Juneteenth celebrates the anniversary of the emancipation of slaves on June 19th 1865. The impact of that date can’t be understated, or fully expressed in one blog post. Instead, we hope to be a small part in a chorus of voices celebrating Juneteenth.
While Abraham Lincoln’s Emancipation Proclamation officially abolished slavery on January 1st, 1863, it took another two and a half years for that news to reach those still enslaved in Galveston, Texas.
That fact underscores the importance of Juneteenth as a day of equal parts celebration, education, and agitation. Reckoning with and healing from the parts of United States history that aren’t featured in many textbooks or taught in many schools requires a constant act of vigilance.
John Lewis eloquently stated this challenge saying, “Ours is not the struggle of one day, one week, or one year. Ours is not the struggle of one judicial appointment or presidential term. Ours is the struggle of a lifetime, or maybe even many lifetimes, and each one of us in every generation must do our part.”
To honor Juneteenth, and in effort to do our part, we talked with the Alfred team about what the date means to them, and how to build a more diverse, equitable, and inclusive workplace.
Where Does It Hurt?
For some, Juneteenth is a day of remembrance. For others, it could be a day of uncovering, of growing to understand the significance of that date and its impact on the black community.
One Alfred team member remembers listening to activist Ruby Sales’ podcast “Where Does It Hurt?” While the podcast didn’t address Juneteenth specifically, it still highlighted the struggle of African Americans to achieve racial equality and the trauma suffered along the way from the 1600s to today.
The lessons of the podcast underscore that Juneteenth isn’t simply a day. It’s one day in a chain of events that are tied to both celebration as well as trauma in the black community throughout generations.
“Everybody hurts somewhere,” he said, “Just because it’s not physical, doesn’t mean it’s not there. Everyone has a hurt, a pain, and being able to access that and talk about that is what will bring people together and drive empathy. But, first, we have to talk about it.”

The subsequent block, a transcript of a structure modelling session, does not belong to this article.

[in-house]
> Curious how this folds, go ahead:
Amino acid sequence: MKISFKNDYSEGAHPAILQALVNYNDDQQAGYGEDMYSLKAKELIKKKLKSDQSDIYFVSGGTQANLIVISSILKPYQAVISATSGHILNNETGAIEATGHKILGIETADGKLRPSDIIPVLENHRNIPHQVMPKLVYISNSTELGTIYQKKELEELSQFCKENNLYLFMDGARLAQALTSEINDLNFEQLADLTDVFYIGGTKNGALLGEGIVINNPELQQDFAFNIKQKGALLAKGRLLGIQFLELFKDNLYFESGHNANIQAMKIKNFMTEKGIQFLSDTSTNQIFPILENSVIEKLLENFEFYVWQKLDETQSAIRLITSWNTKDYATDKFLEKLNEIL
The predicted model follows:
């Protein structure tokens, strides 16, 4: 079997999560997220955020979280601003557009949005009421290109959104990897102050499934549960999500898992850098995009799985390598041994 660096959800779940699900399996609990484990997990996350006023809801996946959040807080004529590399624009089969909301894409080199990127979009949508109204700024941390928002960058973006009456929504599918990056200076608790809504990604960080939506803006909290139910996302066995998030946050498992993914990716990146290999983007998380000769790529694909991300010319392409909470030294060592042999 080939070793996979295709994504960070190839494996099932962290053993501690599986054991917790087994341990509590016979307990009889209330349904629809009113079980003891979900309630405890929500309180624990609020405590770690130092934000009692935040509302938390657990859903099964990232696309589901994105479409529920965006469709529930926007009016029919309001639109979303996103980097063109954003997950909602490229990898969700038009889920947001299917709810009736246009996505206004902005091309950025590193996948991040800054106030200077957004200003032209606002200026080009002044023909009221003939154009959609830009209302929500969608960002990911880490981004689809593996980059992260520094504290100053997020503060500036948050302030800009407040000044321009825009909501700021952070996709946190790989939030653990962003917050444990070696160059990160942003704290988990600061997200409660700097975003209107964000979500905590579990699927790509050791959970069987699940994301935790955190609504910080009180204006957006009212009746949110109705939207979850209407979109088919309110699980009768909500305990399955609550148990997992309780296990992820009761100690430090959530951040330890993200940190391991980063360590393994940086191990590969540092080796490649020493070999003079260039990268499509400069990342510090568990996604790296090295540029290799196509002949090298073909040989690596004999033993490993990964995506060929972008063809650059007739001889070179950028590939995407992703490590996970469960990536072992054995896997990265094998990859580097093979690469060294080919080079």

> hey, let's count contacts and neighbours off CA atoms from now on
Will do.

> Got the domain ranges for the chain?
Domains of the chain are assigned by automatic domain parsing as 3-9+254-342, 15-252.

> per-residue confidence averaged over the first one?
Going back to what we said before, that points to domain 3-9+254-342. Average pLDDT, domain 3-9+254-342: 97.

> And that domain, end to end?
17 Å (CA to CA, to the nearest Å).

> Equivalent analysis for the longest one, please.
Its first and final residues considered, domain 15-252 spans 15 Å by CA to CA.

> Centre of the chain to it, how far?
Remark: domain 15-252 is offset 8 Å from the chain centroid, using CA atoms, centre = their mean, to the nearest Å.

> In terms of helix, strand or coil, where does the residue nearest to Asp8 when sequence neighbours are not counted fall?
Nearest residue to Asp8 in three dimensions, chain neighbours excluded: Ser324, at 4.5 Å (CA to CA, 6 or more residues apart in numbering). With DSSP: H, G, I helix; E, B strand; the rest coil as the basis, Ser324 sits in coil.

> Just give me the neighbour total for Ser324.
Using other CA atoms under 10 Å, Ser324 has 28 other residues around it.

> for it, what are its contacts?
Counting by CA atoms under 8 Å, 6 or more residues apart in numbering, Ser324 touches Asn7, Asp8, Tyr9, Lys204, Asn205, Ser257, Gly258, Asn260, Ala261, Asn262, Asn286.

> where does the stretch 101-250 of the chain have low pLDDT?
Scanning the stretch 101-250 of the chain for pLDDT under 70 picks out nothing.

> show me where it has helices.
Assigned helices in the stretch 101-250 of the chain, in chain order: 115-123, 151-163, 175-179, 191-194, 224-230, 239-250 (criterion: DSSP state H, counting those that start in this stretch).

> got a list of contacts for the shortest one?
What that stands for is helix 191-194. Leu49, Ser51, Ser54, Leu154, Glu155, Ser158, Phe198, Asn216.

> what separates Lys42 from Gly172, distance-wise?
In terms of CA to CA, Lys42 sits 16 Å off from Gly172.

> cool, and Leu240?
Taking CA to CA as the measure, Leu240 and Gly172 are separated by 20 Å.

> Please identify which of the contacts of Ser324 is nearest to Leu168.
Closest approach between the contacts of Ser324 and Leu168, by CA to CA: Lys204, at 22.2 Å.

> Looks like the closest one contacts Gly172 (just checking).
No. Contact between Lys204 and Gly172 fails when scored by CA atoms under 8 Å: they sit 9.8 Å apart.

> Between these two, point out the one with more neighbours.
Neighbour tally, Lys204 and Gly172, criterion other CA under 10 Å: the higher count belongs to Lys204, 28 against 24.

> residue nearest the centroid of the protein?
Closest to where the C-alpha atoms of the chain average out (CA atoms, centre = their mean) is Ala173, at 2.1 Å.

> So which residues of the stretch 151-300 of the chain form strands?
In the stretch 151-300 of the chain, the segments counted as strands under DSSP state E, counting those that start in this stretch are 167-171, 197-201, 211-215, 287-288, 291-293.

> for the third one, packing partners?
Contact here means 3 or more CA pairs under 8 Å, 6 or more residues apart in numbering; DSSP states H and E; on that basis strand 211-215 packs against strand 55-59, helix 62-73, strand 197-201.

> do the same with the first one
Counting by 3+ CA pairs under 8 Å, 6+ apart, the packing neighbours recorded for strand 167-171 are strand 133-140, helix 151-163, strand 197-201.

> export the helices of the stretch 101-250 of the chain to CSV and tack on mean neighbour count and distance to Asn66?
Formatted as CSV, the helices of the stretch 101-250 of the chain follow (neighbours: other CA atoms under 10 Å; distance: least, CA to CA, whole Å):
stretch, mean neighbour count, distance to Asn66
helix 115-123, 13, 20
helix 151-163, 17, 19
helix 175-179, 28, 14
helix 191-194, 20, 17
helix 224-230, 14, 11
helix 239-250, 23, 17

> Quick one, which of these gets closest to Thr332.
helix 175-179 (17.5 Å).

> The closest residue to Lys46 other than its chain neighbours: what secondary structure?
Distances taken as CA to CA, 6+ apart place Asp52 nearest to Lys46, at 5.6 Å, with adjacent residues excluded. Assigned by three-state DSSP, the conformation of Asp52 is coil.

What Can We Say?
Generations of black folx did not have the opportunity, safety, or ability to speak about their own struggles. From the legacy of silence surrounding events like the Tulsa race massacre, to the fact that Juneteenth was only acknowledged as a Federal holiday in the United States just days ago, we see that educating the next generation about Juneteenth is essential.
“My grandmother grew up picking cotton. She was a maid her whole life,” said one Alfred team member. Where her grandmother had to constantly push against blatant, institutionalized racism in her generation, this member of the Alfred community saw that in her generation, she could strive.
She found a community in college that celebrated her blackness. She dove into her community’s history, educating herself about her heritage and sharing that information with the younger generation.
“I thought, ‘How can I be more knowledgeable? How can we educate children so that they appreciate their black heritage and celebrate it?”
What Can We Do?
Education is not simply a vehicle for remembrance. It’s a vehicle for change. Education reduces the fear that surrounds having hard conversations around race, microaggressions, and building a more diverse, equitable world.
Through education we give ourselves the tool we need to make change. But, making change requires deliberate, repeated, coordinated action.
Alfred is, and will continue to represent the communities it serves, strive for more equity, and join the community in celebration, education, and agitation — especially on days like today.
- What is Juneteenth?
- Understanding Juneteenth
- Emancipation Proclamation
- 1619 Project
- Talking About Race
- Race and Policing in America